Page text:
Neural FFA3 activation inversely regulates anion secretion evoked by nicotinic ACh receptor activation in rat proximal colon

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Abstract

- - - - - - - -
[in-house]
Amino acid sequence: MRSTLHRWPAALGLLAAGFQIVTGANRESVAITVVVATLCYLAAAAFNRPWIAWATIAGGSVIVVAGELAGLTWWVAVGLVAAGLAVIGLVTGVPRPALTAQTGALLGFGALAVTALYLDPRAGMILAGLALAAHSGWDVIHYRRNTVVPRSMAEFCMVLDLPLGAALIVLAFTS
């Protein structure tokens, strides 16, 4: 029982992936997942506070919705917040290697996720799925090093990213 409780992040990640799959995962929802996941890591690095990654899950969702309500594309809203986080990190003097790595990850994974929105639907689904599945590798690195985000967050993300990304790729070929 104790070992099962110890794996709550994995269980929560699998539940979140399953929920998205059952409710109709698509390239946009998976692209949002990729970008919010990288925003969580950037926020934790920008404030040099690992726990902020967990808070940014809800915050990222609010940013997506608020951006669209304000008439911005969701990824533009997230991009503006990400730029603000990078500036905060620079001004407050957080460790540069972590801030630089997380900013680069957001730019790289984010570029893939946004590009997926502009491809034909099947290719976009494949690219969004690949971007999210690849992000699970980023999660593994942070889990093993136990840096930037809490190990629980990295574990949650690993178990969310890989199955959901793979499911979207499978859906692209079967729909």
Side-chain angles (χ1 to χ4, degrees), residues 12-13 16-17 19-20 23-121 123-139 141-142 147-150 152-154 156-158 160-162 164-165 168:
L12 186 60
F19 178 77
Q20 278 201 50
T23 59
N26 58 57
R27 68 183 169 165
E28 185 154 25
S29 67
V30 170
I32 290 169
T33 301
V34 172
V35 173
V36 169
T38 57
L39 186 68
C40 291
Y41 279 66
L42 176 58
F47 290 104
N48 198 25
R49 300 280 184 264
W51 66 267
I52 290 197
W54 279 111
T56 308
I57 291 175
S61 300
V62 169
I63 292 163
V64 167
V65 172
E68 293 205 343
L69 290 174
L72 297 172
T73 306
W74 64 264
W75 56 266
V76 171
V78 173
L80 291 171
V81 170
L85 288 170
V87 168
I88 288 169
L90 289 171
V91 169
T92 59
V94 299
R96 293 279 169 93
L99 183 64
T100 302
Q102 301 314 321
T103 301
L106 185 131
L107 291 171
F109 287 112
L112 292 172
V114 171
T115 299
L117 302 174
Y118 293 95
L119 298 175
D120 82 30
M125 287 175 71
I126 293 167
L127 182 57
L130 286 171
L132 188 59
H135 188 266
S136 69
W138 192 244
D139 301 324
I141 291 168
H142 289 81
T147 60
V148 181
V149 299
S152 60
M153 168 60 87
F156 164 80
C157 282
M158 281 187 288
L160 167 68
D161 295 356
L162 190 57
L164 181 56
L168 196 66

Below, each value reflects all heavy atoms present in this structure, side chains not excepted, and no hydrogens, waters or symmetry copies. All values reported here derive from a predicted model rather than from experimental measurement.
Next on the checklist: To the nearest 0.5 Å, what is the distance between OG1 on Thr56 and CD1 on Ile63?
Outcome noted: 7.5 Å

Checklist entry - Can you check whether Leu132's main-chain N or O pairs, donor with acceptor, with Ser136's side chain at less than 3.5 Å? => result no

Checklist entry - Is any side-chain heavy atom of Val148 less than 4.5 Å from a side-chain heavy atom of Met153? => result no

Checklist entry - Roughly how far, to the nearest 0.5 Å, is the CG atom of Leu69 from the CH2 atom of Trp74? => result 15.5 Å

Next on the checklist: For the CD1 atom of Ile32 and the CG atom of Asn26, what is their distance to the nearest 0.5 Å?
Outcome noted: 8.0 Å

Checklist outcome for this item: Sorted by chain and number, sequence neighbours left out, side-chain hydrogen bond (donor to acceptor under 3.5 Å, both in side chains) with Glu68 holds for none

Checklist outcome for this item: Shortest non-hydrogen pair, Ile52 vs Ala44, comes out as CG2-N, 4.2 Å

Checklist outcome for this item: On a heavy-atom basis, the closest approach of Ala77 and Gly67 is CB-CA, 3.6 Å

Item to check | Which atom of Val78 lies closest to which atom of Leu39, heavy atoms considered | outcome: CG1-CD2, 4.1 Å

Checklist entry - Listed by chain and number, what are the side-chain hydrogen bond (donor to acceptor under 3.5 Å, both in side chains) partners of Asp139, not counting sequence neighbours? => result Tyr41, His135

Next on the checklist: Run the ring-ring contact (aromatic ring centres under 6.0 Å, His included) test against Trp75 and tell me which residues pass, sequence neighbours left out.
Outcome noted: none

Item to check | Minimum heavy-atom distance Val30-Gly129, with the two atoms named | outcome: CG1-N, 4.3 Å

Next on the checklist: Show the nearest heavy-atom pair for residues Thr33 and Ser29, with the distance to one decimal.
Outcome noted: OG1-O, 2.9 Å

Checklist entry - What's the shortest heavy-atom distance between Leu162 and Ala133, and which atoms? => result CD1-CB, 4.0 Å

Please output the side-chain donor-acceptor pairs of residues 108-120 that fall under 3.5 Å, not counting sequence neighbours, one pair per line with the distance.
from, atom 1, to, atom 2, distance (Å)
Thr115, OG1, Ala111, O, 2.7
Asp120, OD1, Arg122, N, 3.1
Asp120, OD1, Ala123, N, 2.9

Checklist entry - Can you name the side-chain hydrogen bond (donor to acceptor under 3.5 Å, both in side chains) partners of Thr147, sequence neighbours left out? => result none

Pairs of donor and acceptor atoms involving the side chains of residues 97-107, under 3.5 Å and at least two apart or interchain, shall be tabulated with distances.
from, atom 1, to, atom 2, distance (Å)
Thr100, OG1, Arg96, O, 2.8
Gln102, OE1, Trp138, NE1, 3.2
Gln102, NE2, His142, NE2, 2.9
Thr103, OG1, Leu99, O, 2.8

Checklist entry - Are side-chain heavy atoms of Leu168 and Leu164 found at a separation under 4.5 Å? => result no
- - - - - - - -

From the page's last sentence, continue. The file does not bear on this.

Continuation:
The proximal colonic mucosa is constantly exposed to high concentrations of microbially-produced short-chain fatty acids (SCFAs). Although luminal SCFAs evoke electrogenic anion secretion and smooth muscle contractility via neural and non-neural cholinergic pathways in the colon, the involvement of the SCFA receptor free fatty acid receptor (FFA)3, one of the free fatty acid receptor family members, has not been clarified. We investigated the contribution of FFA3 to cholinergic-mediated secretory responses in rat proximal colon. FFA3 was immunolocalized to enteroendocrine cells and to the enteric neural plexuses. Most FFA3-immunoreactive nerve fibres and nerve endings were cholinergic, colocalized with protein gene product (PGP)9.5, the vesicular ACh transporter, and the high-affinity choline transporter CHT1. In Ussing chambered mucosa–submucosa preparations (including the submucosal plexus) of rat proximal colon, carbachol (CCh)-induced Cl− secretion was decreased by TTX, hexamethonium, and the serosal FFA3 agonists acetate or propionate, although not by an inactive analogue 3-chloropropionate. Serosal application of a selective FFA3 agonist (N-[2-methylphenyl]-[4-furan-3-yl]-2-methyl-5-oxo-1,4,5,6,7,8-hexahydro-quinoline-3-carboxamide; MQC) dose-dependently suppressed the response to CCh but not to forskolin, with an IC50 of 13 μm. Pretreatment with MQC inhibited nicotine-evoked but not bethanechol-evoked secretion. The inhibitory effect of MQC was reversed by pretreatment with pertussis toxin, indicating that FFA3 acts via the Gi/o pathway. Luminal propionate induced Cl− secretion via the cholinergic pathway, which was reduced by MQC, as well as by TTX, hexamethonium or removal of the submucosal plexus. These results suggest that the SCFA-FFA3 pathway has a novel anti-secretory function in that it inhibits cholinergic neural reflexes in the enteric nervous system.

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